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James Ley

James Ley

James Ley is an essayist and literary critic who lives in Melbourne. A former Editor of Sydney Review of Books, he has been a regular contributor to ABR since 2003.

James Ley reviews 'T.S. Eliot and the Dynamic Imagination' by Sarah Kennedy

September 2018, no. 404 23 August 2018
When the bloated and pocky corpse of literary studies is finally thrown from the battlements of the ivory tower in a futile attempt to appease the unappeasable forces of neoliberal corporatism, the thoughts of the incorrigible few who thought it was a worthwhile intellectual pursuit will naturally turn to the question of what went wrong. I trust when the time comes ⎯ sooner rather than later, on ... (read more)

James Ley reviews 'Why Dylan Matters' by Richard F. Thomas

May 2018, no. 401 26 April 2018
There was a certain predictability to the arguments that flared when Bob Dylan was awarded the Nobel Prize for Literature in 2016. For the most part, they were variations of the arguments that have shadowed him from the beginning of his career, twisted echoes of a million late-night dormitory discussions about whether his lyrics are ‘poetry’. The oddly revealing thing about them was the extent ... (read more)

James Ley reviews 'First Person' by Richard Flanagan

November 2017, no. 396 25 October 2017
The literature of the modern era contains any number of stories about doppelgängers, divided selves, alter egos, obsessive relationships, and corrosive forms of mutual dependence. The enduring appeal of these doubling motifs is that they give a dramatic structure to abstract moral and psychological conflicts, but they can also be used to suggest that there is something unresolvable or false about ... (read more)

James Ley reviews 'The Choke' by Sofie Laguna

September 2017, no. 394 24 August 2017
The Choke is full of holes. I mean that literally, which is also to say (since we are talking about a novel) symbolically. It contains any number of insinuating references to wounds, ditches, gaps, and voids. The primary implication of these can be grasped if one recalls that ‘nothing’ was Elizabethan slang for female genitalia. Sofie Laguna’s narrator, a ten-year-old girl named Justine Lee, ... (read more)

James Ley reviews 'Zero K' by Don DeLillo

June–July 2016, no. 382 23 May 2016
Among Don DeLillo's sixteen previous novels, White Noise (1985) is commonly held up as the apotheosis of his satirical vision, while his postwar epic Underworld (1997) tends to be lauded as his grand statement, his unofficial entry (they're all unofficial) in the never-ending competition to write the Great American Novel. For me, the essential DeLillo novel is Libra (1988), his fictionalised acco ... (read more)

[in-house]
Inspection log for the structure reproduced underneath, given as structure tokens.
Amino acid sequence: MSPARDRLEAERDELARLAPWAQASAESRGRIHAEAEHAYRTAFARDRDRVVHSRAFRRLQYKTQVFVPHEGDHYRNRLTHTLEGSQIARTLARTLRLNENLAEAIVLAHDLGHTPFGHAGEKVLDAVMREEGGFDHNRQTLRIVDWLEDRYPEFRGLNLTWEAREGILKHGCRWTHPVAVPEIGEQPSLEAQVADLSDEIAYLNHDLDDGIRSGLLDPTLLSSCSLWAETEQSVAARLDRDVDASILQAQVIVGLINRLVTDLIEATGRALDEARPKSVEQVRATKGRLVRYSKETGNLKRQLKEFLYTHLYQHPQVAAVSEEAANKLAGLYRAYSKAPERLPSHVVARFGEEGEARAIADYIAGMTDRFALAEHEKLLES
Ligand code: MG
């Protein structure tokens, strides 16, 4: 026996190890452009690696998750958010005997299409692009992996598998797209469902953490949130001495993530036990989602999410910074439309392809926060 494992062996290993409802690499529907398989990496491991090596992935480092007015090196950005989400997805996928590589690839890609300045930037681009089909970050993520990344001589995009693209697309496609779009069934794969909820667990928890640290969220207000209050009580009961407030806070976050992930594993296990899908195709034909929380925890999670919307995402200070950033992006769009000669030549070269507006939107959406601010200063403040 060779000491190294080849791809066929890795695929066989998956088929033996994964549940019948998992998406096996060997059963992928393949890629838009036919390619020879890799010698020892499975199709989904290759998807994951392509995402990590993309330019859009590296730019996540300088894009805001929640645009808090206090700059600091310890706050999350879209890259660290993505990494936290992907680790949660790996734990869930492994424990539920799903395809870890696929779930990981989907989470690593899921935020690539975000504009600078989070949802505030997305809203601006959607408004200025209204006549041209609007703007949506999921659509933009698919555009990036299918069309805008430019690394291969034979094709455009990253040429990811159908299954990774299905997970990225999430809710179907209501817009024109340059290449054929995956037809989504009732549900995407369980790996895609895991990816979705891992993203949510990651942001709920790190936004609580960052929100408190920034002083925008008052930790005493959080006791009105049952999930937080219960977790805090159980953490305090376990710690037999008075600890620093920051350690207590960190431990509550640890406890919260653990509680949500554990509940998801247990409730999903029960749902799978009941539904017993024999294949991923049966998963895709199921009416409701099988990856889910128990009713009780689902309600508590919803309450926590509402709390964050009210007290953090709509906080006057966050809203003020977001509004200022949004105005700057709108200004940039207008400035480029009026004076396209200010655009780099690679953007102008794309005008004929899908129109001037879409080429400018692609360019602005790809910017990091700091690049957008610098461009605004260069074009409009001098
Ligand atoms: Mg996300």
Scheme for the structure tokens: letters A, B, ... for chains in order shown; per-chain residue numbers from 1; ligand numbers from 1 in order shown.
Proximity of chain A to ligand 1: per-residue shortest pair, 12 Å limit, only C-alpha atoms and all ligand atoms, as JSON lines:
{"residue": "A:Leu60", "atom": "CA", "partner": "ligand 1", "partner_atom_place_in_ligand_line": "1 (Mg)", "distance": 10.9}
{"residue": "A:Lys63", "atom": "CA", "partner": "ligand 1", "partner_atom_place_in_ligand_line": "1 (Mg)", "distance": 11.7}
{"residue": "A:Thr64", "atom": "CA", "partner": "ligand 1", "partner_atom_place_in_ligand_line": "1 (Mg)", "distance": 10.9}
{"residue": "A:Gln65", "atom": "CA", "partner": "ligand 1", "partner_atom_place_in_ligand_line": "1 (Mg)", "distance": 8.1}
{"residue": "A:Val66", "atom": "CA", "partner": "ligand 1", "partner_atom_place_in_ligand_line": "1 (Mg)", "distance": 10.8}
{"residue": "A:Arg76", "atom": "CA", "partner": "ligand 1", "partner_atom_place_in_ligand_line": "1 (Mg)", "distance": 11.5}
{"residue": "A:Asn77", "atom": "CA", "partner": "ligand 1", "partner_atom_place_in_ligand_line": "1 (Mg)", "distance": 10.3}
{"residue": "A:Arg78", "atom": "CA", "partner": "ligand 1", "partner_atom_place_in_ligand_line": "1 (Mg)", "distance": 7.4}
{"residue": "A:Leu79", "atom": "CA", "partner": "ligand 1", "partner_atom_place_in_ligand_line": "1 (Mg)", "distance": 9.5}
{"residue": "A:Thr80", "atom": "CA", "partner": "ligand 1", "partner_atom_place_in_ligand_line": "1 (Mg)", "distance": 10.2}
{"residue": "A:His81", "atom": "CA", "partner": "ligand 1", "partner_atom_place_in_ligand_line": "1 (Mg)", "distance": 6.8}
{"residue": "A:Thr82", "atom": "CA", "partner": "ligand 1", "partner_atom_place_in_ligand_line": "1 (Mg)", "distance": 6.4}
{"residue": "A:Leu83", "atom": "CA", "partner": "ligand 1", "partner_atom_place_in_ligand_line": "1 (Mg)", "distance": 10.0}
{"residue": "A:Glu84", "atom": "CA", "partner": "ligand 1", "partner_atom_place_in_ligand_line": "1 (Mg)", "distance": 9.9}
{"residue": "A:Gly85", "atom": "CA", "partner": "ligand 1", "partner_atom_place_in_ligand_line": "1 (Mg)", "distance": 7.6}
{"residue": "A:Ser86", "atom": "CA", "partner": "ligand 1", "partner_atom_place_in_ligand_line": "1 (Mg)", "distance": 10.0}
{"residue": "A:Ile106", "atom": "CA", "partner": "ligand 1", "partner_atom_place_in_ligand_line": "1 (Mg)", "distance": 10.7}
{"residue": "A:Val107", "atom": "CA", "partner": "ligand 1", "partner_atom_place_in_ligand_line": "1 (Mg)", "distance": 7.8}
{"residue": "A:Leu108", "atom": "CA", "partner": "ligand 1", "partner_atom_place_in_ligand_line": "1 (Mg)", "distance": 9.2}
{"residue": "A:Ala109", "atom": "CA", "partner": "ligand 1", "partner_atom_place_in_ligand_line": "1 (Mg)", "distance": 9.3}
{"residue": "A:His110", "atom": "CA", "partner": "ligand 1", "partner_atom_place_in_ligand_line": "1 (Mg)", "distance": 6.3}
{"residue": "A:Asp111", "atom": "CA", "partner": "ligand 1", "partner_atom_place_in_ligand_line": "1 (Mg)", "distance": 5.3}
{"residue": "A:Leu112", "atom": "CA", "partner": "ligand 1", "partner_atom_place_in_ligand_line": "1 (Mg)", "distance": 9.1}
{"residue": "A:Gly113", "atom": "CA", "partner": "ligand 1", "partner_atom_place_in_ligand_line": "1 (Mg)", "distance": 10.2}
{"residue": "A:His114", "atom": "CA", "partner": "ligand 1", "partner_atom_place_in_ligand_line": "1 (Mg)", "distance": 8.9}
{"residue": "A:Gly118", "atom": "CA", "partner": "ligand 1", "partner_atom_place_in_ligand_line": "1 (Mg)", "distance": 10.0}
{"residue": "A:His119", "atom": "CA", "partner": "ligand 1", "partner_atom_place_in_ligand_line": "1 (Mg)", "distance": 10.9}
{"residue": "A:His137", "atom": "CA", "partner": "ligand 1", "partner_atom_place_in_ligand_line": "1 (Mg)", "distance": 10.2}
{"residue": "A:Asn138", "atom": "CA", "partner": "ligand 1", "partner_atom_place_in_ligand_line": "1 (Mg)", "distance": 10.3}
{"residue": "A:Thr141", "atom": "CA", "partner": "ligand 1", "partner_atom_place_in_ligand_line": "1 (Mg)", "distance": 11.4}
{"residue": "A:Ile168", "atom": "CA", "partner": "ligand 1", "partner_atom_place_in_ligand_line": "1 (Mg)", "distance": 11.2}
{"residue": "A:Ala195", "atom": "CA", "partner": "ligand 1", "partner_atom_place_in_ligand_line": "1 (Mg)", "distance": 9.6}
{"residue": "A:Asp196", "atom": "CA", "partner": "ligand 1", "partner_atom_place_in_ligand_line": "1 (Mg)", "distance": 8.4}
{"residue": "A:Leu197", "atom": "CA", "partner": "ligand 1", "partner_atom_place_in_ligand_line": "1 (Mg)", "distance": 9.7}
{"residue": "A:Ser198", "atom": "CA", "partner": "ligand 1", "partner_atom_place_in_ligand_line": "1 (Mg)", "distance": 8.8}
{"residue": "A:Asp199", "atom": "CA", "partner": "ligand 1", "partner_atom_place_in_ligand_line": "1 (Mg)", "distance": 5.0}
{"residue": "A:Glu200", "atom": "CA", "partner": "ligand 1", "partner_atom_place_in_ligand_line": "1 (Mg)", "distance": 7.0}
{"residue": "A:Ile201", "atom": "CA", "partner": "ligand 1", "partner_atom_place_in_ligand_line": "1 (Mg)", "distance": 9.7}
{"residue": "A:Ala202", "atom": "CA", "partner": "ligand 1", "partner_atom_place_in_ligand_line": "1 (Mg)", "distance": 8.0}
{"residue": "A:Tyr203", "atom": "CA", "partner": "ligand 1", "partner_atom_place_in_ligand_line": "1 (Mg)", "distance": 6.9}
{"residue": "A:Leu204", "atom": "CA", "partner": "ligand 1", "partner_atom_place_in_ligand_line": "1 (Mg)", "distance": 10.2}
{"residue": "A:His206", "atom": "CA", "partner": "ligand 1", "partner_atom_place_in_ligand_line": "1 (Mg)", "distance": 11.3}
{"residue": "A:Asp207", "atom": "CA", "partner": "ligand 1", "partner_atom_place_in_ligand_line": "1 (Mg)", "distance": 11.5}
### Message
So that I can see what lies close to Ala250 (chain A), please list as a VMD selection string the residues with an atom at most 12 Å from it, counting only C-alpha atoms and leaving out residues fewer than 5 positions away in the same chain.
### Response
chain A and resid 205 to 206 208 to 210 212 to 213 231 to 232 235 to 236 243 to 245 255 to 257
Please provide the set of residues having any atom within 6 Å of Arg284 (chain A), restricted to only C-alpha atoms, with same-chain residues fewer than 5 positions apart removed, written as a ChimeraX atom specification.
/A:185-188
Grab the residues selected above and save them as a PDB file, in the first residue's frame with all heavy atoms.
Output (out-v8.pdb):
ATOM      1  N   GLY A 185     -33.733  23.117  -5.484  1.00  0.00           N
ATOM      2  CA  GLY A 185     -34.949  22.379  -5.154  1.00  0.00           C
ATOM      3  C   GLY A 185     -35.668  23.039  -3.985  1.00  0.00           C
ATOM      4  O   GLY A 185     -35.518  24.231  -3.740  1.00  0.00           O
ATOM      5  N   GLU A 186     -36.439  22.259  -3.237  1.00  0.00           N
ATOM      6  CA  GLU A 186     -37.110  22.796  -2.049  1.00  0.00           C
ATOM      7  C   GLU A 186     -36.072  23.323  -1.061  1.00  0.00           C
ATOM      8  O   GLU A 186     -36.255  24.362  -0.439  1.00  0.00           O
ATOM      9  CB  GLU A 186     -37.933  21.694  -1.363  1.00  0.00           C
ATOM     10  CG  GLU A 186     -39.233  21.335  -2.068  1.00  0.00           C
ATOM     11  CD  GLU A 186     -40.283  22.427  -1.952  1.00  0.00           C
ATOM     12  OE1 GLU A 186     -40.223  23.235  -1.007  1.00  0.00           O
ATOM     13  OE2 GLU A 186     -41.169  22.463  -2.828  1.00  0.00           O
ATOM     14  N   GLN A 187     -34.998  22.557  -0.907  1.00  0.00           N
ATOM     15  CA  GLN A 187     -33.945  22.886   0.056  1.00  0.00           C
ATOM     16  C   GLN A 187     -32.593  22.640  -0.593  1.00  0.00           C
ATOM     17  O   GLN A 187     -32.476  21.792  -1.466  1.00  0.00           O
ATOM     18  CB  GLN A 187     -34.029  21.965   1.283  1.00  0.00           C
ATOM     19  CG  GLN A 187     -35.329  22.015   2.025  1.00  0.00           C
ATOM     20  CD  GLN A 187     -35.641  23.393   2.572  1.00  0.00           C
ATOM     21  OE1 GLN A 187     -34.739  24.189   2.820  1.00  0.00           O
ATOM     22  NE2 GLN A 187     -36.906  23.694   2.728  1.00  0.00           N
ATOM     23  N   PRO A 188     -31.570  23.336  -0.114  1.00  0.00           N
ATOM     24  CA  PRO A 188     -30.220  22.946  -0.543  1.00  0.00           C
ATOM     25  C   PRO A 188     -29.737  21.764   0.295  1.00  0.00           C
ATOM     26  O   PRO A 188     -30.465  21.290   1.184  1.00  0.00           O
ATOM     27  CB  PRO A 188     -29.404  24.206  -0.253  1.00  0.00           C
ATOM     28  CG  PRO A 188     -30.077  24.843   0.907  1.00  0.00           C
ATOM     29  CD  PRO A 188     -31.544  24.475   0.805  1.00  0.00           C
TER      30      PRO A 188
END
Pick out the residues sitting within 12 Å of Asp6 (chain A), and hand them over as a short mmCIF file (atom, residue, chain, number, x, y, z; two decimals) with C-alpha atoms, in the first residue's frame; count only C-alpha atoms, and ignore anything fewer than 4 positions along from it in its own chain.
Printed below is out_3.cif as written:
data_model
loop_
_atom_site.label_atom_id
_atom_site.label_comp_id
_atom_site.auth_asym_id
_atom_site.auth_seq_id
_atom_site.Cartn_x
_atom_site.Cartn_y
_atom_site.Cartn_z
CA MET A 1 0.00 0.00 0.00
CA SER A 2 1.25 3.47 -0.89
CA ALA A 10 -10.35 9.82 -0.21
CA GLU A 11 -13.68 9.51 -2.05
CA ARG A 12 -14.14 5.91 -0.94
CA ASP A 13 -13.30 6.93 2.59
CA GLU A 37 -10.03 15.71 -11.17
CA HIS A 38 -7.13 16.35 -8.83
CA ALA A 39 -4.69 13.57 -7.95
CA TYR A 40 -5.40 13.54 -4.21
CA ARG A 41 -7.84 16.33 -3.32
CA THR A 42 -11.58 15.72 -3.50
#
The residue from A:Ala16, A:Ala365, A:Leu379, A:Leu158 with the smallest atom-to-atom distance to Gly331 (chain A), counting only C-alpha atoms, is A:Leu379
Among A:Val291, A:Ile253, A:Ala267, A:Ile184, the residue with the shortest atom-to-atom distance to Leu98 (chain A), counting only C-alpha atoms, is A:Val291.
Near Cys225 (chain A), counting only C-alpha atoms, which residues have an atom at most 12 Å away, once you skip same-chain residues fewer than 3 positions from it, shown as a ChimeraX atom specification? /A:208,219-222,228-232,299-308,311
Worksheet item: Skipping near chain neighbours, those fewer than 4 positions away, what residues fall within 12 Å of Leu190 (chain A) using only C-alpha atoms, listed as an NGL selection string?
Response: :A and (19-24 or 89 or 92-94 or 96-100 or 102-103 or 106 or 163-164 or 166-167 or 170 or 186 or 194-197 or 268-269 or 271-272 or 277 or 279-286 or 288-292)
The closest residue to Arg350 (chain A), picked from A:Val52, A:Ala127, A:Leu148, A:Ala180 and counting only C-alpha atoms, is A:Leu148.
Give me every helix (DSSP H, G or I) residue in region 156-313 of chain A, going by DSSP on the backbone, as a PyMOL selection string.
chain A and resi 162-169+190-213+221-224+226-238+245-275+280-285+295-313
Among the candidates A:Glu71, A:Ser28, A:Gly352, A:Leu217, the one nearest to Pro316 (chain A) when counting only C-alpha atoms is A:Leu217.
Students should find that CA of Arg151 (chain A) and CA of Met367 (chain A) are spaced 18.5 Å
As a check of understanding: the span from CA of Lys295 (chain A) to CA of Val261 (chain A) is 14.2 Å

James Ley reviews 'The Daemon Knows: Literary Greatness and the American Sublime' by Harold Bloom

April 2016, no. 380 24 March 2016
As he reminds his readers on numerous occasions in The Daemon Knows: Literary Greatness and the American Sublime, Harold Bloom is now well into his eighties. He has spent a lifetime teaching and writing about literature at Yale University, where he has long claimed to constitute a 'department of one'. The claim is part lament, part affectation, part boast. But it is true enough that Bloom is an un ... (read more)

James Ley reviews 'The Heart Goes Last' by Margaret Atwood

October 2015, no. 375 25 September 2015
The Heart Goes Last is set in a not-so-distant future in which the economy of the United States has collapsed. In the wake of a major financial meltdown, those rich enough to flee have taken up residence in floating offshore tax havens, leaving the rest of the population to cope with a society ravaged by spiralling unemployment, drug addiction, and crime. The novel’s protagonists, a married coup ... (read more)

James Ley reviews 'J.M. Coetzee and the Life of Writing' by David Attwell

September 2015, no. 374 26 August 2015
Few, if any, contemporary authors have attracted the level of critical attention that is lavished upon J.M. Coetzee. No doubt there are many reasons for this, but a good part of the fascination with his fiction is a result of the evident rigour with which it is conceived. To read a Coetzee novel is to encounter a work that seems to have been thought through on every possible level. His writing not ... (read more)

James Ley reviews 'The Narrow Road to the Deep North' by Richard Flanagan

October 2013, no. 355 26 September 2013
The past two decades have seen Richard Flanagan stride confidently into the first rank of Australian writers. His novels are notable for their historical reach, the boldness of their conception, and their willingness to tackle big subjects. They have won him many admirers. But they have also tended to divide opinion, often quite sharply, and this would seem to be a consequence of the fact that the ... (read more)